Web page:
As the Doc Rivers saga continues to drag on with precious few signs of impending relief, it's become increasingly clear that the Boston Celtics need Doc Rivers far more than the head coach needs his possibly former team.
There's always a question as to who is more important to whom, but the question has an easy answer in this particular situation. As reported by The Boston Globe's Baxter Holmes, not even money is swaying the answer in favor of Rivers needing the Celtics:
But more than a month later, the Celtics and their fans are still waiting for him to make up his mind, and league sources tell the Globe that Rivers, 51, has seriously considered walking away from his contract, which has three years and $21 million remaining on it.
Over the last decade, Boston has given Rivers plenty of gifts. Obviously, his salary is part of the equation, but he's won a championship, received undying fan support and built extremely close relationships with some of his players, most notably Kevin Garnett and Paul Pierce.
That quartet is an impressive one, but those reasons are quickly falling by the wayside, one at a time.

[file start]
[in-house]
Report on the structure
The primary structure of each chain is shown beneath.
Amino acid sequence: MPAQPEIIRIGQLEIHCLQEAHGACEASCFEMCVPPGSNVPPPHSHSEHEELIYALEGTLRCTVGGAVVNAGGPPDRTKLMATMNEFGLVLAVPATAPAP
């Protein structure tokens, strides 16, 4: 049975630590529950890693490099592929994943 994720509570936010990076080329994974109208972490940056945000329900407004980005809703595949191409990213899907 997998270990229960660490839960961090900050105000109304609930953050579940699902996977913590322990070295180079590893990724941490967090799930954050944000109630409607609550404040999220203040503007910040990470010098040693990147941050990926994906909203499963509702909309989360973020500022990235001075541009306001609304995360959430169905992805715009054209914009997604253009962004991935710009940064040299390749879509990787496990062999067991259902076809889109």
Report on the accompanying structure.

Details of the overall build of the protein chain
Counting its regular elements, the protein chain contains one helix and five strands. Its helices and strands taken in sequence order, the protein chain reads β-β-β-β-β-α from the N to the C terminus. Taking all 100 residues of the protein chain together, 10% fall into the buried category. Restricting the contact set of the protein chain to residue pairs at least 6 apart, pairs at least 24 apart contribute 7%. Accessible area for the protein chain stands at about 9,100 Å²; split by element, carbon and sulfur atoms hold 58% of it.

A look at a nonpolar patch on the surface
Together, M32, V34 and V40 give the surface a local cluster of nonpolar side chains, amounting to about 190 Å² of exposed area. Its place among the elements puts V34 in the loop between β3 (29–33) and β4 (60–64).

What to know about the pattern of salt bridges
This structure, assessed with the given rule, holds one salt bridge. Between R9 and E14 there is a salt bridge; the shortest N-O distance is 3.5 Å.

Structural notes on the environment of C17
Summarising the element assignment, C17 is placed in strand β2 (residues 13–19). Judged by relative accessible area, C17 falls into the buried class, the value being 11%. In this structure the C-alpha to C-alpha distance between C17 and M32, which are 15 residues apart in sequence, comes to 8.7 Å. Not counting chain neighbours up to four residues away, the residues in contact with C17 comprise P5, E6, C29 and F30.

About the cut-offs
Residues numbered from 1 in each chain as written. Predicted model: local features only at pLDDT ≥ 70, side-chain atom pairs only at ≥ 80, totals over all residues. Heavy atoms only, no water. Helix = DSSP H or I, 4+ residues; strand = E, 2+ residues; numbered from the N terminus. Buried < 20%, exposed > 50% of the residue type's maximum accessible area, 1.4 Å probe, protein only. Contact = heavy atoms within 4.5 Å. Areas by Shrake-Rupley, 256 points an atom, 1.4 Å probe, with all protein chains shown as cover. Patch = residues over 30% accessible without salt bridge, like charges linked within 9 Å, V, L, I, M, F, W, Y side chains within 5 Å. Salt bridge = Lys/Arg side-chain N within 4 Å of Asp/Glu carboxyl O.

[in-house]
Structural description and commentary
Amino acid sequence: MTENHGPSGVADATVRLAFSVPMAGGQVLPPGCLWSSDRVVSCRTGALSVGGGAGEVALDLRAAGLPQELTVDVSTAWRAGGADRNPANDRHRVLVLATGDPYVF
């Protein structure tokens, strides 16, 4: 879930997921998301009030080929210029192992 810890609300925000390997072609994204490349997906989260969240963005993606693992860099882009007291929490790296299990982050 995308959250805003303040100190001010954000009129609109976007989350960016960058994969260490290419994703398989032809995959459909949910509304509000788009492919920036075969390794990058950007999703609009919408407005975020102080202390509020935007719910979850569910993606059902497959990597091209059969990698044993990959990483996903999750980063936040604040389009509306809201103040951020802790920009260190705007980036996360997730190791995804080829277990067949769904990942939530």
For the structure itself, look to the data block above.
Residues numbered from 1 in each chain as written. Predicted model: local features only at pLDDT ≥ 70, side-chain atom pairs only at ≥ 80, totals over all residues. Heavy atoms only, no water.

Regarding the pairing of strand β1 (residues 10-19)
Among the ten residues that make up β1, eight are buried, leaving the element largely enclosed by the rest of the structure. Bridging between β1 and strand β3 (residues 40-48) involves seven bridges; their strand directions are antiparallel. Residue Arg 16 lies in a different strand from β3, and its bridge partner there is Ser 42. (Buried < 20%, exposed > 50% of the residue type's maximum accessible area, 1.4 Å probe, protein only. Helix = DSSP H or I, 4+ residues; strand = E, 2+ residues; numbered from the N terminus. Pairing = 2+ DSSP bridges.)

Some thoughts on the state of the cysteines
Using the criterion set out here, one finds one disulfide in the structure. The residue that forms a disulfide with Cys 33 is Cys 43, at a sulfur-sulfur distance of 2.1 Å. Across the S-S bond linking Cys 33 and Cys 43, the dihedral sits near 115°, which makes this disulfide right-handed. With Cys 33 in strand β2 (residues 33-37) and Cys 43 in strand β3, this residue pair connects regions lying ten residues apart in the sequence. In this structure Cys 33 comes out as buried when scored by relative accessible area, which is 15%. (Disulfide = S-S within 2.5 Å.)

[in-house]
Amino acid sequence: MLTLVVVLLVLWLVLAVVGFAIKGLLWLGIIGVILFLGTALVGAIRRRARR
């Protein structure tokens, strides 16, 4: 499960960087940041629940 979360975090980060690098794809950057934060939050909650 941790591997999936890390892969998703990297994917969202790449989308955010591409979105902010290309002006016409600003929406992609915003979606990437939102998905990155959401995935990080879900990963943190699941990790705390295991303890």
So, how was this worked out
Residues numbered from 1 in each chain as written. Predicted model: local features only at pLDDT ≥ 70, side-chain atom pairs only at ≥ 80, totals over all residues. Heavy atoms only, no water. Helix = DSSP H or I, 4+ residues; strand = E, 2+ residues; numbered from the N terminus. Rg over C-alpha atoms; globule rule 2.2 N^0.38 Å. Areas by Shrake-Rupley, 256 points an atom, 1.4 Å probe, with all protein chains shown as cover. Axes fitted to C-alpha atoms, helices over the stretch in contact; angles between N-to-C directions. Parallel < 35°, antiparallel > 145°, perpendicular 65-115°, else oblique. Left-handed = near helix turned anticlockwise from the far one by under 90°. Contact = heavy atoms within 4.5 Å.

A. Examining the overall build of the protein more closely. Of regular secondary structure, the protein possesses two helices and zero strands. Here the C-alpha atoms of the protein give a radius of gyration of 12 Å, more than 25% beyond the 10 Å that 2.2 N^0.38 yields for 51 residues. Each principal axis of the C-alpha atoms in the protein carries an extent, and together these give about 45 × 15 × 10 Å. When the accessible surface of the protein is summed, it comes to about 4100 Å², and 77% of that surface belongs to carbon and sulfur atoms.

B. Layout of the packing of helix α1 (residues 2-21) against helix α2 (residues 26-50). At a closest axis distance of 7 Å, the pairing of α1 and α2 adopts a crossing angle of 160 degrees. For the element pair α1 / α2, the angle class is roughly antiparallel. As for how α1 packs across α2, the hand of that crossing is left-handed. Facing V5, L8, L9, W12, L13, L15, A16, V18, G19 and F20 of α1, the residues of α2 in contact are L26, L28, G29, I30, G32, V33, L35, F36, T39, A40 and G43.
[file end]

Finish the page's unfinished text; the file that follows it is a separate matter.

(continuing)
The money won't disappear, not until three more years have passed. The fan support won't either, unless Rivers starts losing. Even the most popular figures in sports can lose their luster when the wins stop flowing in.
However, the ability to win championships is no longer there. Even with a healthy Rajon Rondo and a burgeoning star in the form of Jeff Green, the aging process of Pierce and Garnett keeps this team just barely out of the ranks of elite title contenders. It's tough to see the Celtics competing with the Miami Heat, Indiana Pacers (assuming David West returns) or Chicago Bulls (assuming Derrick Rose returns) over the course of a seven-game series, much less getting through the entire playoff gauntlet.
Those close relationships might be dwindling as well.
We have absolutely no clue what Danny Ainge will do with Pierce, and that will determine Garnett's future as well. If he buys out the small forward, Garnett is as good as gone. And so too is Rivers.
But even if Pierce and Garnett are wearing green during the 2013-14 season, that will almost assuredly be the swan song for this era of C's lore. At most, this group has a single season left together, and it's one without much championship potential.
Eastern Conference Finals potential? Sure, but when has that been the goal of this organization, one that traditionally demands nothing but excellence?
Two out of four isn't good enough, but without those long-term relationships and the promise of holding up the Larry O'Brien Trophy one more time, thats the situation RIvers faces. If not this upcoming season, certainly during the next one.
Holmes also points out that money isn't even an issue for Rivers, so we may be down to just 25 percent of what made Boston such a great location for the elite coach:
The idea that Rivers would walk away from the Celtics and $21 million might have seemed far-fetched weeks ago, but one league source said Rivers has “made a lot of smart investments” and isn’t exactly in need of the money.